Carbon Monoxide Poisoning

Protect Yourself from Carbon Monoxide Poisoning In Your Home

Carbon monoxide poisoning is entirely avoidable. Learn how to prevent CO poisoning and identify its symptoms by reading this article

When the mercury drops and your heating systems crank up, you need to be careful about CO poisoning.

Accidental consumption of lethal levels of CO is an ongoing threat. You can take steps to minimize this risk in your home, but make sure to consult a professional before actually implementing any changes to avoid dangerous mistakes.

Carboxyhemoglobin (CO) can build up in enclosed or partially covered spaces. CO can be found in sources such as furnaces, kerosene heaters, cars that have been idle in the garage for a while, stoves, lanterns and gas ranges, as well as portable generators and charcoal burning. People and animals in these spaces can be poisoned and die from breathing CO.

How to Recognize CO Poisoning

CO poisoning has many different symptoms – headaches, dizzy spells, nausea & vomiting. People who are asleep or have been drinking alcohol can also die from CO poisoning without feeling any symptoms at all.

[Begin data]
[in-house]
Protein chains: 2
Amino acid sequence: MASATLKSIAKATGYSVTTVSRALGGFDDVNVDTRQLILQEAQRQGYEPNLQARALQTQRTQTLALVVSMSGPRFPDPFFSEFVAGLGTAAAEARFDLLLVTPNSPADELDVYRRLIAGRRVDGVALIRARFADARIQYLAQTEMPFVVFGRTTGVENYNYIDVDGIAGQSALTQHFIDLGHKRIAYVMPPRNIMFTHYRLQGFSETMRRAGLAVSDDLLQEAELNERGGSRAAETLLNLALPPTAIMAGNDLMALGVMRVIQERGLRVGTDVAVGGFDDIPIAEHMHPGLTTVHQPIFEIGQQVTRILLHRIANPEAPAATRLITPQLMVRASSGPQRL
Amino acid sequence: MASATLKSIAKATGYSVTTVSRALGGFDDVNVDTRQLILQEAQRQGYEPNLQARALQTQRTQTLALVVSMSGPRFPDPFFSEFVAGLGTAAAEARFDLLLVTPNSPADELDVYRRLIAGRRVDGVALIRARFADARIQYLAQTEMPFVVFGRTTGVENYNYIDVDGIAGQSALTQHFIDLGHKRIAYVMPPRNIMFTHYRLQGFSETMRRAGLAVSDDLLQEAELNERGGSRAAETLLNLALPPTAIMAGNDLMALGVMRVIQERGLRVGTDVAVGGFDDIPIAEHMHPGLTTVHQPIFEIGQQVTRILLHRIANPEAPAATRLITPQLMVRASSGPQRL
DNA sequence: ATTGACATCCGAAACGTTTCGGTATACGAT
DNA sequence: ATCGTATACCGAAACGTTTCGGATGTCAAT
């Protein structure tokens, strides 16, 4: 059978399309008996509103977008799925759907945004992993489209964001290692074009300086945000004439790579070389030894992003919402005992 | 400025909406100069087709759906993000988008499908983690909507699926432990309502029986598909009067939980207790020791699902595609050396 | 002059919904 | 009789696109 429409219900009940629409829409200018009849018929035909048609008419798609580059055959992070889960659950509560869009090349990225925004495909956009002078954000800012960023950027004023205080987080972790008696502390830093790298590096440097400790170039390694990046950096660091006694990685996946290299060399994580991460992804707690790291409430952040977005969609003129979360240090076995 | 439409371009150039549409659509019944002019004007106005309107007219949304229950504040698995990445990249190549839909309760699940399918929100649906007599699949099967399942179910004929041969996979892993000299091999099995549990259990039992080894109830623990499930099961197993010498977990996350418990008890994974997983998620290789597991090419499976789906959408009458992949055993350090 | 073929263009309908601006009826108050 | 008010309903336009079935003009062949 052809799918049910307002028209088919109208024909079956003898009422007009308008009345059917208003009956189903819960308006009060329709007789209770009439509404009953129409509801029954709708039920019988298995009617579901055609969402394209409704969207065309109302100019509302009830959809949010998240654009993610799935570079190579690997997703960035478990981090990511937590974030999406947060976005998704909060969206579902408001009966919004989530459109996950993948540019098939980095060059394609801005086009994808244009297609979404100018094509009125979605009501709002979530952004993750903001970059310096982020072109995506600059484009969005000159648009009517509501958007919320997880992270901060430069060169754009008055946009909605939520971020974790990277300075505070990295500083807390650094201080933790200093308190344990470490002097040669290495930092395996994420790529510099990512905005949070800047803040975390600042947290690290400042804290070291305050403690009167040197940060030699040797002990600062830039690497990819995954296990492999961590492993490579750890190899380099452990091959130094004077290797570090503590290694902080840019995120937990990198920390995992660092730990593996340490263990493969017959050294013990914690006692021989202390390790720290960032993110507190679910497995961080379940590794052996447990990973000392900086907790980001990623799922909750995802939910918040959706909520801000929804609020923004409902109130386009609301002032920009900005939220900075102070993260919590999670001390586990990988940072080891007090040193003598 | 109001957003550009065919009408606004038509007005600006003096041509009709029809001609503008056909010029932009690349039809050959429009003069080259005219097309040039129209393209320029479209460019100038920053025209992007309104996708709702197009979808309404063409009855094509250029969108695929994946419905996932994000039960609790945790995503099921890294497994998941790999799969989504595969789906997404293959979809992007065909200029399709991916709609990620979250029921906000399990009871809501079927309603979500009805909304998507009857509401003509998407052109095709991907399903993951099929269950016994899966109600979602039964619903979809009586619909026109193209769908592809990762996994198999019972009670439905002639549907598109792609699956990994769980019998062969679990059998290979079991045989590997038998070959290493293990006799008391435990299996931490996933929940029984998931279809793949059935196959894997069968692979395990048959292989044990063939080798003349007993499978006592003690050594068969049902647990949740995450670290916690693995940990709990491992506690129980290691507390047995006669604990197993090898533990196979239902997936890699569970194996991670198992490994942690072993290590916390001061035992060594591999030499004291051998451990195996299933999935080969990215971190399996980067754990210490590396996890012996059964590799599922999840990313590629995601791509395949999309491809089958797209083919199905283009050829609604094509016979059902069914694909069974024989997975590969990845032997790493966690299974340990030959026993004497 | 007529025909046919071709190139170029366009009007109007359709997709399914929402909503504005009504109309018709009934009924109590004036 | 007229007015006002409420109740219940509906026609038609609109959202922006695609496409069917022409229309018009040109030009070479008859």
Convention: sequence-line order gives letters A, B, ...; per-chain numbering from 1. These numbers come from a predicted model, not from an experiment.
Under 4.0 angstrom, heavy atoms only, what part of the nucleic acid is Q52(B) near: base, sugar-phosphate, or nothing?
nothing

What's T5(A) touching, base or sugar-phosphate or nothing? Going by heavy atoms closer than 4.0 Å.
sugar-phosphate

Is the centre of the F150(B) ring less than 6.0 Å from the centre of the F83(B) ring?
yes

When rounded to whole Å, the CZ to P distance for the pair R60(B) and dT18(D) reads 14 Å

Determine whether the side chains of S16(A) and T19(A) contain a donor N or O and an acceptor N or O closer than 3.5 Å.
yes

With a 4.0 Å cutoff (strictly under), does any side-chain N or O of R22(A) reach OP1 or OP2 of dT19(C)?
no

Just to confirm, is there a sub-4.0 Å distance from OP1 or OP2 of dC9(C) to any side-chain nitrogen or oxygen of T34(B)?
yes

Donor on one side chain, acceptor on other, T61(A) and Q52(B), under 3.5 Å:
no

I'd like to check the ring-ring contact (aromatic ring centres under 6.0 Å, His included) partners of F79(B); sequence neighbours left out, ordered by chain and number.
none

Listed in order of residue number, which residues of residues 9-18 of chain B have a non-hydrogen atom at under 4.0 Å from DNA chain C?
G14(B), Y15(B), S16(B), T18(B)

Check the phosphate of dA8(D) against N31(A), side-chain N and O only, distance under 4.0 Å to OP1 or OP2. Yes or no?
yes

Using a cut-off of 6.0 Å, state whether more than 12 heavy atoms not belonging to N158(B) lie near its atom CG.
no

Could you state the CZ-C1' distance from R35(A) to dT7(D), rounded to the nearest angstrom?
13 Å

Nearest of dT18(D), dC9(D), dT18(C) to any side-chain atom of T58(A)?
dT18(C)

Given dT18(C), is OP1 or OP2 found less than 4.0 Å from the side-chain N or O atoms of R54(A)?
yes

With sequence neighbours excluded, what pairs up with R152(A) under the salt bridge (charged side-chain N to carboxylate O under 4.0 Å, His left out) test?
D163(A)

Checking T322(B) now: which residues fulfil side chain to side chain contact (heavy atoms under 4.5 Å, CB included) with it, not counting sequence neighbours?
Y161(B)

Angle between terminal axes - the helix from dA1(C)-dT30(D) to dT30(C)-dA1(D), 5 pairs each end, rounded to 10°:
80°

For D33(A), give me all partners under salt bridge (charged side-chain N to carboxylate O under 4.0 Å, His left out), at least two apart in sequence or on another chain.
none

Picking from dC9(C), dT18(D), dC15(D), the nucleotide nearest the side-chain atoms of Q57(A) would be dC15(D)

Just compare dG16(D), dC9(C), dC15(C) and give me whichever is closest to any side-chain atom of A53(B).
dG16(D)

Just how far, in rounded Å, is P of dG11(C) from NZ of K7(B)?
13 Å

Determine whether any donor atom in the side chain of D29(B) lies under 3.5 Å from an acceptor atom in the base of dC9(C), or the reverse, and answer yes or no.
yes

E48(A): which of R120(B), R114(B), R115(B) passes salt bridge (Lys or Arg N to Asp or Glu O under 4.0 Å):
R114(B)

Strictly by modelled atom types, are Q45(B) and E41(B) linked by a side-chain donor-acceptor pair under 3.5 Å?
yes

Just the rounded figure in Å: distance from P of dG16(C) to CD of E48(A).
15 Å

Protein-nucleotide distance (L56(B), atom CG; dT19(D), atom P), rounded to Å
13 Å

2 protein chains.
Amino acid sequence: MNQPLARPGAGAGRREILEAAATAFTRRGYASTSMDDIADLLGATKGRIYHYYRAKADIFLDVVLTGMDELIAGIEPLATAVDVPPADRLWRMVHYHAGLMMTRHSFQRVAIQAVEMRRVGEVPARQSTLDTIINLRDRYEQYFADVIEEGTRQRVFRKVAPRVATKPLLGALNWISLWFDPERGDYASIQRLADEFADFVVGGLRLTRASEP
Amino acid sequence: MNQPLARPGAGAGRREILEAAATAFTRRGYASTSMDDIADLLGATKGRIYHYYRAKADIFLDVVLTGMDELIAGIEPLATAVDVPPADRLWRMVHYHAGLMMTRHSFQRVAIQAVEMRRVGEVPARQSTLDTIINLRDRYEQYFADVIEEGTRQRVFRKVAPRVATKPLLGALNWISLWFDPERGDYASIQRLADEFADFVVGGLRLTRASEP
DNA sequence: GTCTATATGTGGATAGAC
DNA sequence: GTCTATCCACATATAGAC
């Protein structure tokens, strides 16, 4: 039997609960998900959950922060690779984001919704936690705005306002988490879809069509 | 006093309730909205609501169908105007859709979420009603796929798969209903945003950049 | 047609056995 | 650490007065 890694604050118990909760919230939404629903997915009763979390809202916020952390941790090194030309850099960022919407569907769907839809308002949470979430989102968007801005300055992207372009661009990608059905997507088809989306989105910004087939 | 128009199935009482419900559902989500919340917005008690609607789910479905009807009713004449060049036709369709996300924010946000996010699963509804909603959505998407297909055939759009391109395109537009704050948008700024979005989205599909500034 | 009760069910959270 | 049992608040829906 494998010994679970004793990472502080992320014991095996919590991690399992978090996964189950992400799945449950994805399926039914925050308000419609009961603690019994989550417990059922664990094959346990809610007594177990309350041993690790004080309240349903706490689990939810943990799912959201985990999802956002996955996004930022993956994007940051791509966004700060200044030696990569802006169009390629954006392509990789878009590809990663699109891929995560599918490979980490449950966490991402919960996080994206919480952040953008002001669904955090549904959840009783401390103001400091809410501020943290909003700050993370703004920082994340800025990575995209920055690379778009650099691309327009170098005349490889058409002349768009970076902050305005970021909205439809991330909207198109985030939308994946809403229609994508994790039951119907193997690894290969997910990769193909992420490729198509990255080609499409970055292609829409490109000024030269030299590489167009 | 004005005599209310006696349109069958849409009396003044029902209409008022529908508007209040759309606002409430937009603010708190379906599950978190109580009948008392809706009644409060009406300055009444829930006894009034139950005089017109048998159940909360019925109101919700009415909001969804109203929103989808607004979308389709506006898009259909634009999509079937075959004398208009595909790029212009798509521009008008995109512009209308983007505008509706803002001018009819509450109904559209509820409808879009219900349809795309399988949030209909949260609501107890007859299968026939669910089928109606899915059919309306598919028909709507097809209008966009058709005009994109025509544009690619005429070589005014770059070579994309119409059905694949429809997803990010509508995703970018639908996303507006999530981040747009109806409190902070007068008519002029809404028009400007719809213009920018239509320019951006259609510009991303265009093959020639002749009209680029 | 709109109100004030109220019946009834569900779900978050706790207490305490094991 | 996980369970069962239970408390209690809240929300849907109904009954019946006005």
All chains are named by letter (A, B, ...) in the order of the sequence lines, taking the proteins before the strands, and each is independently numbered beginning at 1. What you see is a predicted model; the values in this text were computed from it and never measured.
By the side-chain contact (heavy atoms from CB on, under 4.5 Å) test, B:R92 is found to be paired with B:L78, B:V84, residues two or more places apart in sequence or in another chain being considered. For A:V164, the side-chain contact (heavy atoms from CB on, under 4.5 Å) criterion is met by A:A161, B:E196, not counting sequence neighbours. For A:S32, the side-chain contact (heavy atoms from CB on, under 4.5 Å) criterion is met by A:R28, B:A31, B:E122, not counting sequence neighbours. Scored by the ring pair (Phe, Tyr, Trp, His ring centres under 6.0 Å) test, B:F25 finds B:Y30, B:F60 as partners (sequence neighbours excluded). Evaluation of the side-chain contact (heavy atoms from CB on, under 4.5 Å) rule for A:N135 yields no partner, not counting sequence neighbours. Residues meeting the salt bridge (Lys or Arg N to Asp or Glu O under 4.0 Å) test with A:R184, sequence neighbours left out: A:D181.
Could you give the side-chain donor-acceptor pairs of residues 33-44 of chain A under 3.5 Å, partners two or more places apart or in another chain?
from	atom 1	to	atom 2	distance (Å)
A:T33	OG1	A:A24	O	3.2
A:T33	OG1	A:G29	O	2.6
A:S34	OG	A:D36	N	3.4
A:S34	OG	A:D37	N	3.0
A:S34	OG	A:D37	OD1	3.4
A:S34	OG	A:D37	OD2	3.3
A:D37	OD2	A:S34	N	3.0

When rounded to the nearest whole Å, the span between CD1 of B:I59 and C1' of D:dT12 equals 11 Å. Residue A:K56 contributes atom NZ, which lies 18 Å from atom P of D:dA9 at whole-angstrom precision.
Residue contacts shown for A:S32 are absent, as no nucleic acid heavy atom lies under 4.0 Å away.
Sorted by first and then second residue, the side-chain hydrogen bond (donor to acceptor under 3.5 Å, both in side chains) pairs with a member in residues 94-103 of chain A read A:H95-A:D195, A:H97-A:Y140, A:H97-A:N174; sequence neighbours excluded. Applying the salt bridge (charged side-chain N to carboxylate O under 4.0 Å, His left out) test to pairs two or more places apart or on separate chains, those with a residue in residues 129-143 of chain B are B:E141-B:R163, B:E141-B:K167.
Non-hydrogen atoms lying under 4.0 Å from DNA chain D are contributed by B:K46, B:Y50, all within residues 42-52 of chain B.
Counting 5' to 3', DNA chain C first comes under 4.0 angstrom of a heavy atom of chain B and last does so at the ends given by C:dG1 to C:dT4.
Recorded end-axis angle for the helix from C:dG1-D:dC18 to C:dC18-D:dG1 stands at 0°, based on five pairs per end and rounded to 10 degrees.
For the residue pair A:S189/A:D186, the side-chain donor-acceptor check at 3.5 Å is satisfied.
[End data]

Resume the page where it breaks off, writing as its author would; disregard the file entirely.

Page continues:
CO poisoning is entirely avoidable. Protect yourself and your family from CO poisoning by knowing the symptoms and learning how to prevent it.

Protect yourself in your home

Leaking boilers, cooker repairs, heating malfunctions, and defective appliances should be serviced by a registered professional.

Make sure there’s a good amount of ventilation in any room you’re in. If it’s double-glazed or draught-proof, your heater should be fine with some circulating air.

Fit an extractor fan if you haven’t already.

When was the last time your boiler was serviced. Boiler servicing not only ensures your boiler and central heating is working efficiency to save you money, but also ensure the boiler is not hazardous to your families health with your gas appliances leaking carbon monoxide throughout your home.

Preventing a carbon monoxide leak

Prevention is the best way to protect against the dangers of carbon monoxide. You should have your gas appliances regularly tested and have your boiler serviced by a Gas Safe registered engineer at least once a year.

Always use a Gas Safe Engineer

For someone to carry out work on home gas installations and appliances, they must be registered on the Gas Safe Register. Ensure that the gas engineer working in your home is fully gas safe registered

Install a carbon monoxide alarm

Installing an audible CO alarm early-warning system in your home can provide you with enough time to get out, should there be a carbon monoxide leak. You can buy one from DIY or hardware stores.

CO alarms give a loud sound when CO gas is detected. However, a CO alarm is not a substitute for taking care of your appliances.

When buying a CO alarm, make sure it’s approved to include reliable and up-to-date features such as the British or European Standard (BS Kitemark or EN50291).

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